“Should we remind everybody that Tom Brady’s got $375 million waiting on him at FOX?” Spears asked. “Or did we all forget about that?”

Perhaps Brady felt like he had unfinished business on the field after the Bucs got steamrolled by the eventual Super Bowl champion Rams in the playoffs last season. But even if that was the case, Spears said Brady couldn’t help himself and just stay retired. Now Brady’s chickens have come home to roost.

“He is learning that his damn ego got in the way. That’s what he learned,” Spears said. “Because what happened in Tampa based on what he needs can happen next year. They can suffer injuries next year. New contracts, guy moving places, can happen next year.”

Spears added that despite the Bucs still leading the NFC South with six games left, there’s a lot going on internally with the team that could persuade Brady to hang it up after this season.

“Right now it’s a bunch of disarray in Tampa,” he said. “So even if he decides to come back, is Tampa the right place? We don’t know that.”

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Sports Radio News

Merrill Reese Doesn’t See Himself Doing Anything Other Than Calling Eagles Games

Jordan Bondurant

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When it comes to voices synonymous with Philadelphia sports, Merrill Reese is among them.

The radio voice of the Philadelphia Eagles, Reese and his broadcast partner Mike Quick were recently featured on NBC’s TODAY. Reese, 80, said he still has a passion for what he does.

“I love it,” he said. “There’s nothing in the world I’d rather do than be out here broadcasting NFL football, especially the Eagles.”

Reese has been calling Eagles games for more than four decades. The job has evolved in a lot of ways since the days at Veterans Stadium, and Reese said despite having so much experience, it still involves putting in plenty of work.

“It’s a little bit different,” he said. “There are hours and hours and hours of preparation.”

But the product of that work, Quick added, makes listeners seem like just about anyone could do what they do.

“It’s so chatoic in the booth, but we have to make sure that it’s seamless,” Quick said. “It comes out like two guys just sitting and talking football.”

Reese and Quick are both members of the Philadelphia Eagles Hall of Fame.

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Sports Radio News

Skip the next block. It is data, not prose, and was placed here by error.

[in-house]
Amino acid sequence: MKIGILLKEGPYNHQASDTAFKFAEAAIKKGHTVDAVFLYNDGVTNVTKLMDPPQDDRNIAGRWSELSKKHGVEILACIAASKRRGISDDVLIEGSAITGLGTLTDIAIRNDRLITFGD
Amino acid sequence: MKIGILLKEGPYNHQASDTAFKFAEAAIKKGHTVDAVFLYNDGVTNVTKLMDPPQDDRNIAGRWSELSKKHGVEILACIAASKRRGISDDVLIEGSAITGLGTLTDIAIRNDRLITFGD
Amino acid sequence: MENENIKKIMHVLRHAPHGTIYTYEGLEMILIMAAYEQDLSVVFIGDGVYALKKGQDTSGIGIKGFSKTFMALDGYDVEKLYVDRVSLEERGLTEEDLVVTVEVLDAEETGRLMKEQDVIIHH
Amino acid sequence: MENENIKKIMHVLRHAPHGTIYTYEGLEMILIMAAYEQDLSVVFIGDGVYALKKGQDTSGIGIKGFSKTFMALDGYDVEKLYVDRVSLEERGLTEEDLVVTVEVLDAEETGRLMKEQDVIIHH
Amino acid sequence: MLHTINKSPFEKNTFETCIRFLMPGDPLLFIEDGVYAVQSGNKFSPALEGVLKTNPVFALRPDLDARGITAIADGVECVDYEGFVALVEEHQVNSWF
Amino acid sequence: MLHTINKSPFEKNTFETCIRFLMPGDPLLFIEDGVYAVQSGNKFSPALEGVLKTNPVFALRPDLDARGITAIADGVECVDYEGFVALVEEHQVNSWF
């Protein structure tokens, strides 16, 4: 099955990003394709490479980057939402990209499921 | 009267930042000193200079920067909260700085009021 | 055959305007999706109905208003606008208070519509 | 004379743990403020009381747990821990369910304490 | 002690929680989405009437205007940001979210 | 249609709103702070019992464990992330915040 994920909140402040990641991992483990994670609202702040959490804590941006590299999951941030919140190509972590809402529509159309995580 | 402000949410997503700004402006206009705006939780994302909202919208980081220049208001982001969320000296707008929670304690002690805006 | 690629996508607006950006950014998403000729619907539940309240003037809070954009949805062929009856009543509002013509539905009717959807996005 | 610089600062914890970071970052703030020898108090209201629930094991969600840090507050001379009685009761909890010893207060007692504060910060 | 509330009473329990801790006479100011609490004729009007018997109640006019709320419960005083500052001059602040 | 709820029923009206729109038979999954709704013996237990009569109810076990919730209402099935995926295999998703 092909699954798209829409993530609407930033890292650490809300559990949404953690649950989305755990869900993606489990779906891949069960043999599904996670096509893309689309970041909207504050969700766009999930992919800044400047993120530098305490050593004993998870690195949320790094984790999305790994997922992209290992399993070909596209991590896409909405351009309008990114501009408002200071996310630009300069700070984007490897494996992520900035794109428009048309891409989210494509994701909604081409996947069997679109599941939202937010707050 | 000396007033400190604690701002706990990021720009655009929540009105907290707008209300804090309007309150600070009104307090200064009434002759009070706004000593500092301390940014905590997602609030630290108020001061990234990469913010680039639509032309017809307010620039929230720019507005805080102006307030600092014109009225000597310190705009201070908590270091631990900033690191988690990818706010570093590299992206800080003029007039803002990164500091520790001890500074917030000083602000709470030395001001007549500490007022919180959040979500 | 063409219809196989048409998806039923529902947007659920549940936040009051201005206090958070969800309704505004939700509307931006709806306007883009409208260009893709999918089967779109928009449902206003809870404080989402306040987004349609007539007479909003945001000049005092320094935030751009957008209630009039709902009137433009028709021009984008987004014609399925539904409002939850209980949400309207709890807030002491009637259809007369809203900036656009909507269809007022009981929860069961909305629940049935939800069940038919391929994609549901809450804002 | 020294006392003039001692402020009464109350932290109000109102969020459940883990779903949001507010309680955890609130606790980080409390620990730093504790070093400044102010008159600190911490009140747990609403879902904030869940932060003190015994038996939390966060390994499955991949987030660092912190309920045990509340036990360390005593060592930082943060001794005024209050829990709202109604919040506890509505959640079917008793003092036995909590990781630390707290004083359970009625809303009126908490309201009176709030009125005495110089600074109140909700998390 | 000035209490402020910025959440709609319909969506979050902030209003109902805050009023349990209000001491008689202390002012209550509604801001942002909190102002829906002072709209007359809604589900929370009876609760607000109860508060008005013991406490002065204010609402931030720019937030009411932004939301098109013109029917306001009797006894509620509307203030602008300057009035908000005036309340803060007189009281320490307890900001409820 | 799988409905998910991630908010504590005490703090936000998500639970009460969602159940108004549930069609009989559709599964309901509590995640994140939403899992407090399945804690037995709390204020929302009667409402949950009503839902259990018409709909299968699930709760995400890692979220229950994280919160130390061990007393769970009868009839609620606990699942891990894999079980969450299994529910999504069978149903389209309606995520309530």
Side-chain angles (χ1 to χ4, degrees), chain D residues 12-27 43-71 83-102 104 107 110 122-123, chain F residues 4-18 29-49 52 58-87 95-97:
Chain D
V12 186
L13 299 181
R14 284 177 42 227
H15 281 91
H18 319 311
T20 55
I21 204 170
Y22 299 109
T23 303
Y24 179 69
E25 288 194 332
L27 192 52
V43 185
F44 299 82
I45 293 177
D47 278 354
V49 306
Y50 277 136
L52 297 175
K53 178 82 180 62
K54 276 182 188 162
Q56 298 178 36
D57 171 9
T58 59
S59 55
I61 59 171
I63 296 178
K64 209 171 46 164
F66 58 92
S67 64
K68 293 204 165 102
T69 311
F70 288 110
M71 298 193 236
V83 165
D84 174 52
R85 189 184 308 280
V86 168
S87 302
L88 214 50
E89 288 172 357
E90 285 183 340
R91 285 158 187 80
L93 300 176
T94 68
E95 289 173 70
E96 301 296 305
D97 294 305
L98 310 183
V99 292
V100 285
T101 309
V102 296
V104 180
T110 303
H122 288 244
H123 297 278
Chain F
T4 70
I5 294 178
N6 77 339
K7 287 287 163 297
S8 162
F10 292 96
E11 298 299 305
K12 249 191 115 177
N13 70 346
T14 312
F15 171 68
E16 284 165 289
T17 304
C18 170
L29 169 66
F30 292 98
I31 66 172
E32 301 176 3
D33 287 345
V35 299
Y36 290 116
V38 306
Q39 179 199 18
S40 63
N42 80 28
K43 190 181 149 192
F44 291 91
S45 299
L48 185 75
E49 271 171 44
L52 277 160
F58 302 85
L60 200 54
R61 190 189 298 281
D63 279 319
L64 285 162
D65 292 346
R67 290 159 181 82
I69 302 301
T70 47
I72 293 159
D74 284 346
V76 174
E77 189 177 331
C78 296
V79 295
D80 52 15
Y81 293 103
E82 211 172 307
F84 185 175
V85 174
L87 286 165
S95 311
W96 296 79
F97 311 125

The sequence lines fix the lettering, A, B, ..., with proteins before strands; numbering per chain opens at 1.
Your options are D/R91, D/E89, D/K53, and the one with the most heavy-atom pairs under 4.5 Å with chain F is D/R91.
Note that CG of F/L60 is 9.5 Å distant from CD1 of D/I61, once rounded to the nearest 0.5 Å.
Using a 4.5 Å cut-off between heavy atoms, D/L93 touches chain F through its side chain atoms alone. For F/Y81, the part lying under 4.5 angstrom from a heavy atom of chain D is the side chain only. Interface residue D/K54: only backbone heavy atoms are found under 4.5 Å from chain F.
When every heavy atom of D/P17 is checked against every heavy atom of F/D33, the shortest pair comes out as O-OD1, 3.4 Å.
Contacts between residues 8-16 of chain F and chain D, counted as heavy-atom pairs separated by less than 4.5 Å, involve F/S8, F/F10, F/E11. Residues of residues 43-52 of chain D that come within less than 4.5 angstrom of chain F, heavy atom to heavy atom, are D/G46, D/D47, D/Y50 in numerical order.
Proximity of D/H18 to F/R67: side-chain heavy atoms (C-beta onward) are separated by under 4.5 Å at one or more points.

Gregg Giannotti Asks Boomer Esiason If He’s Reuniting With Al Michaels

“Get (Kirk) Herbstreit out of there, and then you doing Amazon with Al Michaels. You could still do this job with that, though, I think.”

Jordan Bondurant

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Boomer and Gio

Boomer Esiason is content with the work he’s doing at WFAN and CBS, and that doesn’t appear to be changing anytime soon.

On Tuesday’s edition of Boomer & Gio, Esiason told co-host Gregg Giannotti that he couldn’t watch the U.S. World Cup match against Iran with him, because he had an important lunch meeting to be at.

Gio wondered if that meant Boomer would be making a career move, but Esiason said it had to do with a charitable opportunity.

Still, Gio jokingly asked Boomer if he was being courted by Amazon to join forces again with Al Michaels on Thursday Night Football. Esiason shut that down quickly.

“No I don’t think so,” Boomer said.

Gio said he thought it would be interesting if Boomer got back with his former Monday Night Football broadcast partner.

“You and Al Michaels reunited. That would be some buzz around that, you kidding me?” Gio said. “Get (Kirk) Herbstreit out of there, and then you doing Amazon with Al Michaels. You could still do this job with that, though, I think.”

Boomer said that wasn’t happening, and reiterated that he had no plans on leaving WFAN or CBS.

“I kind of like the jobs I have. I love the jobs I have, actually,” he said. “I laugh a lot here which is great, and I laugh a lot on The NFL Today which is great.”

Esiason joined Michaels and Dan Dierdorf in the MNF booth for the 1998 and 1999 seasons. ABC parted ways with Boomer in 2000, and Esiason has said he and Michaels just never worked well together.

“It’s hard to do your job when you’re trying to offer humor and be provocative and the guy next to you isn’t trying to bring it out in you,” Esiason told The New York Times in March 2000. “Al could have been better for me, and I tried with him, but it never clicked with me because he never wanted it to click.”